Chapter

Newton’s Ontology of Omnipresence and Infinite Space

J. E. Mcguire and Edward Slowik

in Oxford Studies in Early Modern Philosophy Volume VI

Published in print November 2012 | ISBN: 9780199659593
Published online January 2013 | e-ISBN: 9780191745218 | DOI: http://dx.doi.org/10.1093/acprof:oso/9780199659593.003.0009

Series: Oxford Studies in Early Modern Philosophy

Newton’s Ontology of Omnipresence and Infinite Space

More Like This

Show all results sharing this subject:

  • History of Western Philosophy

GO

Show Summary Details

Preview

This chapter explores the role of God’s omnipresence in Newton’s natural philosophy, with special emphasis placed on how God is related to space. Unlike Descartes’ conception, which denies the spatiality of God, or Gassendi and Charleton’s view, which regards God as completely whole in every part of space, it is argued that Newton accepts spatial extension as a basic aspect of God’s omnipresence. The historical background to Newton’s spatial ontology assumes a large part of our investigation, but with attention also focused on the details of Newton’s unique approach to these traditional Scholastic conceptions.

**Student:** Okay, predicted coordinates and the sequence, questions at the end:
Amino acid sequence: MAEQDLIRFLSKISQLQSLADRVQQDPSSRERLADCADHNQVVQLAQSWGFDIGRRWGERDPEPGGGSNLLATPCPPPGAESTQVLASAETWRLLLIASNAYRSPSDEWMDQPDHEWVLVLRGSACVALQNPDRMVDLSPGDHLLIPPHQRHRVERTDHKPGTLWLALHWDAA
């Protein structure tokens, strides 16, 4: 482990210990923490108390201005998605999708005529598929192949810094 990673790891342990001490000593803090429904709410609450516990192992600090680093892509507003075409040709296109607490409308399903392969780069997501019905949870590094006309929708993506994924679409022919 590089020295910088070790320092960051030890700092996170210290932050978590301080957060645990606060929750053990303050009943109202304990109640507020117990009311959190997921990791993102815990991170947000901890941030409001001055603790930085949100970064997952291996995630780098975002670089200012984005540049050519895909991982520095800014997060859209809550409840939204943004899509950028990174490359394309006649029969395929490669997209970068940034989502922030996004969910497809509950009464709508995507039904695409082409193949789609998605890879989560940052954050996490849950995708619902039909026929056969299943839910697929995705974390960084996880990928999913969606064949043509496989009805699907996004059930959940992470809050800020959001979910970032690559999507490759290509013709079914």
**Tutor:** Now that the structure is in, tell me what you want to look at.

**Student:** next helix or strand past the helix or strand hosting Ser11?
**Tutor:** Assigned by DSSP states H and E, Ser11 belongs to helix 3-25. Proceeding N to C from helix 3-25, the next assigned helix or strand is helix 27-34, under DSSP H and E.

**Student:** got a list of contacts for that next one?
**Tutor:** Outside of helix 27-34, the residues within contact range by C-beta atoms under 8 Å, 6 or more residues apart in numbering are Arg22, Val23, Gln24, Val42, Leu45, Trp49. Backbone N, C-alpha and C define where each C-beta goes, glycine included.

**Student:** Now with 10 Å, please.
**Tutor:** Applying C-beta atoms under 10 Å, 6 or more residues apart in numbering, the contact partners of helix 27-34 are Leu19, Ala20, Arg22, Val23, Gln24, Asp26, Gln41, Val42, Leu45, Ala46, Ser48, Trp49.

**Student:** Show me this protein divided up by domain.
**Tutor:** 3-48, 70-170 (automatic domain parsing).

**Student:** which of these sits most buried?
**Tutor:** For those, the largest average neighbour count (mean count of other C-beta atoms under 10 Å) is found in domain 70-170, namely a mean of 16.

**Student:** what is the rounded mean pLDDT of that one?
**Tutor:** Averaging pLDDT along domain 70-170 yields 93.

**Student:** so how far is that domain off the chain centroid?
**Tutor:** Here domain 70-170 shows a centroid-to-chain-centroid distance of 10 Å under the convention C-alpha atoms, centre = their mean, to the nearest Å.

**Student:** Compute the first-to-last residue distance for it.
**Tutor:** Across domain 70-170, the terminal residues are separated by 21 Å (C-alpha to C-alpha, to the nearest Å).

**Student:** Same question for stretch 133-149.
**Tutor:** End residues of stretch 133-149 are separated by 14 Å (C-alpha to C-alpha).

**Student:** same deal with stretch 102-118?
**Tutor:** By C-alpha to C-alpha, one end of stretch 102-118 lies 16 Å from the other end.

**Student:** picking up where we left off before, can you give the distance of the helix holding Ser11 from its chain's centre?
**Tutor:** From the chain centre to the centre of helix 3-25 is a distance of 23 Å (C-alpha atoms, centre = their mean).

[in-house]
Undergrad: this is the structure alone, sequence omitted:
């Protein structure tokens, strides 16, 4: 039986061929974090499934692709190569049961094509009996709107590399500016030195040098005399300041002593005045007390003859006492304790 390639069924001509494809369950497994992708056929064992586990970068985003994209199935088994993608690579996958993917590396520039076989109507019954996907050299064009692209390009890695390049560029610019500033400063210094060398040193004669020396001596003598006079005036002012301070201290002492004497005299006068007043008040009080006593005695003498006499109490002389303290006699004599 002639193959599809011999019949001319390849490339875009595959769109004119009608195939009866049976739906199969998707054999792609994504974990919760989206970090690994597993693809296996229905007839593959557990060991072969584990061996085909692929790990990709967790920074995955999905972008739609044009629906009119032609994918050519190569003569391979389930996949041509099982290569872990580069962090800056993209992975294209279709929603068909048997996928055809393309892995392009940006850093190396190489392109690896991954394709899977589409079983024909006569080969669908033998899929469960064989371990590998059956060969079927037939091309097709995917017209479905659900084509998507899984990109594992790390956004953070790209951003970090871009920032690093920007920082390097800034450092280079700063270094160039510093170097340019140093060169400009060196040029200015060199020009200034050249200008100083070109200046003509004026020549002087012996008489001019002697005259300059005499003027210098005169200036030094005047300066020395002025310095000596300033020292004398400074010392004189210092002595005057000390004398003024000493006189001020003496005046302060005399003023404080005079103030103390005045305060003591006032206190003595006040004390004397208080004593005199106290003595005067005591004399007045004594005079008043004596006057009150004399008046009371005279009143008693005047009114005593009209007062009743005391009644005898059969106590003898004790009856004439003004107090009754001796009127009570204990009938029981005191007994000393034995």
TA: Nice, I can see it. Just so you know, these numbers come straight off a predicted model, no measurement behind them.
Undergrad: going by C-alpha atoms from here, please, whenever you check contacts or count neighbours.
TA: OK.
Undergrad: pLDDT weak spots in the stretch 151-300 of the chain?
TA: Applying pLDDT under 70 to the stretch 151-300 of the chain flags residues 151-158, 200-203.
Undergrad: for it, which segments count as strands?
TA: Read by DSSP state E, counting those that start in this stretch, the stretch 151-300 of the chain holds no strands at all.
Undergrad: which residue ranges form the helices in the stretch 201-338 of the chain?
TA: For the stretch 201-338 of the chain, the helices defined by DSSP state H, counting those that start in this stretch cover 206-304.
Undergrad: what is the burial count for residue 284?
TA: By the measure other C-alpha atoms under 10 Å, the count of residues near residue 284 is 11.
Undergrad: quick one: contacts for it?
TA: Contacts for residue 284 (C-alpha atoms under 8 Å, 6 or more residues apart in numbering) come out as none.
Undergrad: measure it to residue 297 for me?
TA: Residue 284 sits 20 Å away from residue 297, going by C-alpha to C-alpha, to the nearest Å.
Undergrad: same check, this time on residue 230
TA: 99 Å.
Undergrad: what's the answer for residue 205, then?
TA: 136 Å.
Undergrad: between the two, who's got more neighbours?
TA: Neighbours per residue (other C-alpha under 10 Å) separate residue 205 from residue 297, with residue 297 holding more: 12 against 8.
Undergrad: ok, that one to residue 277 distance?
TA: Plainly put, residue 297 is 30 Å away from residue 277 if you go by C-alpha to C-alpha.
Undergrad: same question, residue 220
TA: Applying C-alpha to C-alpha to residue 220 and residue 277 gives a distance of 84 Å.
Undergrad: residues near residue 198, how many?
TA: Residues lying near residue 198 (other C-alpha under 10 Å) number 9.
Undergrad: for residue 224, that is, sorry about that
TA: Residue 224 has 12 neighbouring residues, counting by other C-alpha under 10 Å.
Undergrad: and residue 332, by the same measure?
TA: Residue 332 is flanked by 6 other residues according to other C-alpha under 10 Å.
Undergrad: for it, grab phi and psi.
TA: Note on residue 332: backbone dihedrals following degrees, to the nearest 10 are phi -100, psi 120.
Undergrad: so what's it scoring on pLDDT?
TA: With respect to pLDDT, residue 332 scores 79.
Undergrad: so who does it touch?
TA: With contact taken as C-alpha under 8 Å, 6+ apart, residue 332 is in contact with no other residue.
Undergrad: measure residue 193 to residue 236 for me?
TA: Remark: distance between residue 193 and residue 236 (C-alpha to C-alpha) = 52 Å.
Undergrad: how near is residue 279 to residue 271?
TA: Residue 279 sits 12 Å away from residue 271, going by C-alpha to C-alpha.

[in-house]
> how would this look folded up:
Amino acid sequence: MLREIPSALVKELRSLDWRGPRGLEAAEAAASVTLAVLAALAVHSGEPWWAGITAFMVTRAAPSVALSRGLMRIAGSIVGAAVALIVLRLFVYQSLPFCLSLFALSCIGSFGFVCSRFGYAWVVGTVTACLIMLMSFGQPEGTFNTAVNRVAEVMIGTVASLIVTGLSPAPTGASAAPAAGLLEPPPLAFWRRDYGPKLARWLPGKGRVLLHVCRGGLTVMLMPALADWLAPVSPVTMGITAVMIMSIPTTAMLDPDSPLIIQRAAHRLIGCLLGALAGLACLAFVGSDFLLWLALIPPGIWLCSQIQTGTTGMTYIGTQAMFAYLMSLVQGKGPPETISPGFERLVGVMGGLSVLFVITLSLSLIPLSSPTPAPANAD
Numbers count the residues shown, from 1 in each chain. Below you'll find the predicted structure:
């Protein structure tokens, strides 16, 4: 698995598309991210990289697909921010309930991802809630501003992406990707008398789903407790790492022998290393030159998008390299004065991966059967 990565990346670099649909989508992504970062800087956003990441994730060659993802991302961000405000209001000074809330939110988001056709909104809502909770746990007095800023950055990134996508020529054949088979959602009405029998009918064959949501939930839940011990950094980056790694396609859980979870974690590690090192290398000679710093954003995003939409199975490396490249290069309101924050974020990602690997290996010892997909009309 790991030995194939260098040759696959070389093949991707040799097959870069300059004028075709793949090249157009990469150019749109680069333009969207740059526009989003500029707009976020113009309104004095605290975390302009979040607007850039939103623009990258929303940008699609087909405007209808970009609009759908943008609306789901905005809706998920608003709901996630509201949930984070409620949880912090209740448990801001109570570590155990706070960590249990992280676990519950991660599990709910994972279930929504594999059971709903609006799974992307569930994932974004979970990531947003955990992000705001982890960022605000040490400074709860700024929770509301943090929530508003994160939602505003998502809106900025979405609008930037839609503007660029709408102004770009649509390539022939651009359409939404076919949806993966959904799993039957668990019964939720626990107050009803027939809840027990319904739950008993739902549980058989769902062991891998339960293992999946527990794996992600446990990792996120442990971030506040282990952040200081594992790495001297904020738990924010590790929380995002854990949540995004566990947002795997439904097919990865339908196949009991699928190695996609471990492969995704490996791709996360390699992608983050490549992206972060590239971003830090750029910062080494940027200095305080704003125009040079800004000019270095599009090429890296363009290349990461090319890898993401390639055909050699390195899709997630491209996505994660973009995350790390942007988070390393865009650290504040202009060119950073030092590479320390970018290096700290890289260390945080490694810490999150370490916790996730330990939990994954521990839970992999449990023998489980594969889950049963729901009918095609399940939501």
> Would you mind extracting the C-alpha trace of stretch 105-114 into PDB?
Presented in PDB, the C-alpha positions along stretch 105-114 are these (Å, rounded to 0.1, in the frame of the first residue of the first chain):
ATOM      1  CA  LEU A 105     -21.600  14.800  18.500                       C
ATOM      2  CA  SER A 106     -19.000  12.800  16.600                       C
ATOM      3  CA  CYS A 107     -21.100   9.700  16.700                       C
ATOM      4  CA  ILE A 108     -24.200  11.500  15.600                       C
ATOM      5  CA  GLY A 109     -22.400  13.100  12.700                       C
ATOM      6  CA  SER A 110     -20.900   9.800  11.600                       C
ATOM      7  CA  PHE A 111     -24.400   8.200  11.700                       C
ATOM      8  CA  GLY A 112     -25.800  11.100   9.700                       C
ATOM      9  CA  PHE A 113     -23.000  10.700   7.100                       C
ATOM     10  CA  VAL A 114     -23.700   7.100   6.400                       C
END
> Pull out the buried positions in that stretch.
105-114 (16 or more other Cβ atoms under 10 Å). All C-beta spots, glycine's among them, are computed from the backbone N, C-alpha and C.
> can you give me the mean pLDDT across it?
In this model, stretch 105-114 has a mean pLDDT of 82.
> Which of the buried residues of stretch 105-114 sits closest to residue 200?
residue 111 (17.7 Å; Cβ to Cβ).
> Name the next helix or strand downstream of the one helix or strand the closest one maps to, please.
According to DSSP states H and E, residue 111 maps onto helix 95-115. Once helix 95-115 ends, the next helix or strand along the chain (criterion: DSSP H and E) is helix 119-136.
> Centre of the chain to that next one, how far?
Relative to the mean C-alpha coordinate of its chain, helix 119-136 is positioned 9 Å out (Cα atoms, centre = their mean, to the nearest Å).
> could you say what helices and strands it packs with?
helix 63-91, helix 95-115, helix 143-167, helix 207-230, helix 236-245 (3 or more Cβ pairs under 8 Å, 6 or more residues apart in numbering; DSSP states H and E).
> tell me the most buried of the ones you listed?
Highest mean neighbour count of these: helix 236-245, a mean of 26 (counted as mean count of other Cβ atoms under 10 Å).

Keywords: Isaac Newton; space; omnipresence; holenmerism; nullibism

Chapter.  12425 words. 

Subjects: History of Western Philosophy

Full text: subscription required

How to subscribe Recommend to my Librarian

Buy this work at Oxford University Press »

Users without a subscription are not able to see the full content. Please, subscribe or login to access all content.